Has Trump trumped the media?

Trump 2017…2018, 2019 and last but not least, 2020. If all goes according to Mr. President’s plans, we will be seeing four full years of the Trump camp. What does this mean for journalists?

As social journalists, we are supposed to reinvent the craft. In the days before Gutenberg and mass circulation, storytellers were forced to empathize and actually hear what their communities cared about. It wasn’t about reach or engagement or page views; it was about telling a story that people actually cared about.

When the printing press became more mainstream, storytellers wanted to please everyone. The creation of mass media destroyed the empathy that went into writing quality stories. Remember: quality over quantity.

Can social journalism save the media’s integrity? Can we win back the trust of the public by listening to them?

After Steve Bannon’s claims that the media is the opposition, a light bulb popped up. To the conservatives, we are the opposition. Journalists are supposed to be unbiased, but in light of the recent election, the personal hatred for the Trump camp has pushed journalists to add their own emotions to their pieces.

In the struggle to fill their timeline with news they enjoy, journalists have completely missed the point and a whole segment of people. How can you service multiple communities if you’re not empathizing with both sides? This is especially true in the recent election.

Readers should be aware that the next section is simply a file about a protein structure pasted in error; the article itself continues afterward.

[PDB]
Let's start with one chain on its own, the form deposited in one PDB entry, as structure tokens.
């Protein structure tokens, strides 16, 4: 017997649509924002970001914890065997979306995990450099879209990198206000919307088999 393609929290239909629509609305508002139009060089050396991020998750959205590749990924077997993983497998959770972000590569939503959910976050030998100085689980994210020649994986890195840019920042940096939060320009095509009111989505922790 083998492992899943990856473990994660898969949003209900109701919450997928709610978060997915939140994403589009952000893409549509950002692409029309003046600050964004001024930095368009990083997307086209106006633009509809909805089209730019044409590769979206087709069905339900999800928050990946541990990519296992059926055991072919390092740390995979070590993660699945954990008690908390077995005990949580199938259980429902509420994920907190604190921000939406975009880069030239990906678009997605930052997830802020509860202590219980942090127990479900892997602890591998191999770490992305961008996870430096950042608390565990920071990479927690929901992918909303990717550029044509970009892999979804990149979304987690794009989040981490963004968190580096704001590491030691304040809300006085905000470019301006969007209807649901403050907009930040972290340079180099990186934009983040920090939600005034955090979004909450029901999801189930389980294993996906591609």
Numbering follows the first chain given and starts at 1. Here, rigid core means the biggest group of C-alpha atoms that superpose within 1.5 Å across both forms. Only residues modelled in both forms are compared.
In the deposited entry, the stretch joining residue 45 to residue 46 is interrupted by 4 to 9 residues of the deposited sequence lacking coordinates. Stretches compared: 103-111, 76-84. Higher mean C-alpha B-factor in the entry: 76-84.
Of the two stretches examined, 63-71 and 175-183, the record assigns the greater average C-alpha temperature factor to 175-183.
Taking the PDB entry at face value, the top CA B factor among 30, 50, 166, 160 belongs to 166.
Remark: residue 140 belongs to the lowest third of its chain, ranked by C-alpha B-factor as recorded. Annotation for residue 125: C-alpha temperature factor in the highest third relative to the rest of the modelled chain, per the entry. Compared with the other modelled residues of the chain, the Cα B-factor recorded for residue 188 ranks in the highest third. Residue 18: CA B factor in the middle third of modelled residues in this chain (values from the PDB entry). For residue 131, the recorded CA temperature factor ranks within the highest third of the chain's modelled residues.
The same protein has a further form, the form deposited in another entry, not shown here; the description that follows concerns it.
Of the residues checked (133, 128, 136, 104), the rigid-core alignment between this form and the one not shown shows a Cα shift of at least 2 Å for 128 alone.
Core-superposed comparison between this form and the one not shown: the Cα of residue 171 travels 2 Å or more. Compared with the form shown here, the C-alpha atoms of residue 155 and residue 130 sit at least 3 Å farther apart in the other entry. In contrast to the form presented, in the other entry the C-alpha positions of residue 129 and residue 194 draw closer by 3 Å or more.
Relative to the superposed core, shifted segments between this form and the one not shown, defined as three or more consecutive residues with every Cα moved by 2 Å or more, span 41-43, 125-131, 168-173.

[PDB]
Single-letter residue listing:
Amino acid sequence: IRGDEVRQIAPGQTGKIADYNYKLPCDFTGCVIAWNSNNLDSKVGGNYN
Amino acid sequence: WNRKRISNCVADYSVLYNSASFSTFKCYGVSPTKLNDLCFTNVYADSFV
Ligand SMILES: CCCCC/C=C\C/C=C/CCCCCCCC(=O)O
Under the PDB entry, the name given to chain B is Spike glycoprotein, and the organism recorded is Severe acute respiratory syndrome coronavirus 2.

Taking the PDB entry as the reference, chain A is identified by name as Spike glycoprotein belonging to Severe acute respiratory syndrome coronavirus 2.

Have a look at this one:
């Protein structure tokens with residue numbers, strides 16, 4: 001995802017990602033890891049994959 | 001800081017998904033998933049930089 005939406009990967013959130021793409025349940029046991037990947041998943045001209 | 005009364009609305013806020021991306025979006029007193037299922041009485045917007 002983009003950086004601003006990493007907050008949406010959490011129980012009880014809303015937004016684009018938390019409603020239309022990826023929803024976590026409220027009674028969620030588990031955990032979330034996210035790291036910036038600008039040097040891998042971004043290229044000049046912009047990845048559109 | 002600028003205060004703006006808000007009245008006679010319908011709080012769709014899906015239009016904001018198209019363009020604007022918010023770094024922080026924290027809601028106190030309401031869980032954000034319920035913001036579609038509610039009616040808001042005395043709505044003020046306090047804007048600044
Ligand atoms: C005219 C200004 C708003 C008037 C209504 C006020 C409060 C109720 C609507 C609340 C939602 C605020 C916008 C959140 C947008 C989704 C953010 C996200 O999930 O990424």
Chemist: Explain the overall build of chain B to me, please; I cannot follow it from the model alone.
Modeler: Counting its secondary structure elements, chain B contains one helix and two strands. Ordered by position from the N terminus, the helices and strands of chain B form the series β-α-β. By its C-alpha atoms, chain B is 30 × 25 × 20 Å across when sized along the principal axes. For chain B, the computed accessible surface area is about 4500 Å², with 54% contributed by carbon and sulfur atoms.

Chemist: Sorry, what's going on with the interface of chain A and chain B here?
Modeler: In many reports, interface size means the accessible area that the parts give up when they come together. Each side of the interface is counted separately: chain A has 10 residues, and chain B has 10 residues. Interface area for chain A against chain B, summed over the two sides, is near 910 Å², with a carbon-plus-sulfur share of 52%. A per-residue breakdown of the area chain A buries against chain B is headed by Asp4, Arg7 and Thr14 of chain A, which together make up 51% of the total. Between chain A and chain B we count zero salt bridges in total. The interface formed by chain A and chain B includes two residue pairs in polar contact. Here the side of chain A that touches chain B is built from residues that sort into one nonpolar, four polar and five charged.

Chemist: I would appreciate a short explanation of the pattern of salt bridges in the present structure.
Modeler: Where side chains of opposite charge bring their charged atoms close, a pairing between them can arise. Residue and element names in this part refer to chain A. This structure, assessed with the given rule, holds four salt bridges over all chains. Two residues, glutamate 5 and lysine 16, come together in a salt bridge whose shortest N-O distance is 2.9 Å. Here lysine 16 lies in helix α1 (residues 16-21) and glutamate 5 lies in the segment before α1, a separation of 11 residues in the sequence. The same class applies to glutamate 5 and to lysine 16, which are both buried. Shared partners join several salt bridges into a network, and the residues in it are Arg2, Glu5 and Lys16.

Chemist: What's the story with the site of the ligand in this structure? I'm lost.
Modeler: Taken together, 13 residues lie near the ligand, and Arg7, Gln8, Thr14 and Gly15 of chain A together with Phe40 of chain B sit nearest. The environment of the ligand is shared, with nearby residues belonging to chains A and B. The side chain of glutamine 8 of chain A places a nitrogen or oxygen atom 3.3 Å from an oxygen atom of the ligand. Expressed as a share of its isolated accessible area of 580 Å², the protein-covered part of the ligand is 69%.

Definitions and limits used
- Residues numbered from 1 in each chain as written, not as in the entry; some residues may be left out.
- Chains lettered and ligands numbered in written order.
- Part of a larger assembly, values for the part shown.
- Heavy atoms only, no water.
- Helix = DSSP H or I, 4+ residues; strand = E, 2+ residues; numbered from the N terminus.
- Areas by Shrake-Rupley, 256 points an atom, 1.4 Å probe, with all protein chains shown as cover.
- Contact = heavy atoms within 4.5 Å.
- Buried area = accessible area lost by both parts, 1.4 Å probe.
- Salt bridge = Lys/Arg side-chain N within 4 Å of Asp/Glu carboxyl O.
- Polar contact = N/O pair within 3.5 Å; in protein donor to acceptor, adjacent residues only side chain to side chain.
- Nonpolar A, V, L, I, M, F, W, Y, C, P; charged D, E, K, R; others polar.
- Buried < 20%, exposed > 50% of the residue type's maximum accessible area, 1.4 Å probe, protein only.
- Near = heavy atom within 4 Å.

“Perhaps journalists’ more Clinton-oriented Twitter networks expose a subtle form of political bias, or perhaps Trump supporters separated themselves from these users to avoid inconvenient facts” writes Alex Thompson for Vice News.

So how do we as journalists bounce back from this? How do we bridge the gap? Chuck the figurative printing press and the mass-media structure, that’s how.

Paraphrasing what Ana Marie Cox said in her NowThis News video, if you go into a conversation with someone whose ideals don’t match your own and you have an agenda, they will pick up on it.

On the contrary, if you go into a conversation with someone whose ideals differ from your own, but you are able to empathize, you may learn something.

As social journalists, we need to empathize and create content that fits a community’s needs. We need to prove to the public that we are trustworthy, unbiased, and most importantly, on their side. We’re supposed to be a source of truthful, accurate and most importantly, pressing information.

The next four years will be a struggle for journalists everywhere, but with empathy as our secret weapon, we should be able to bounce back.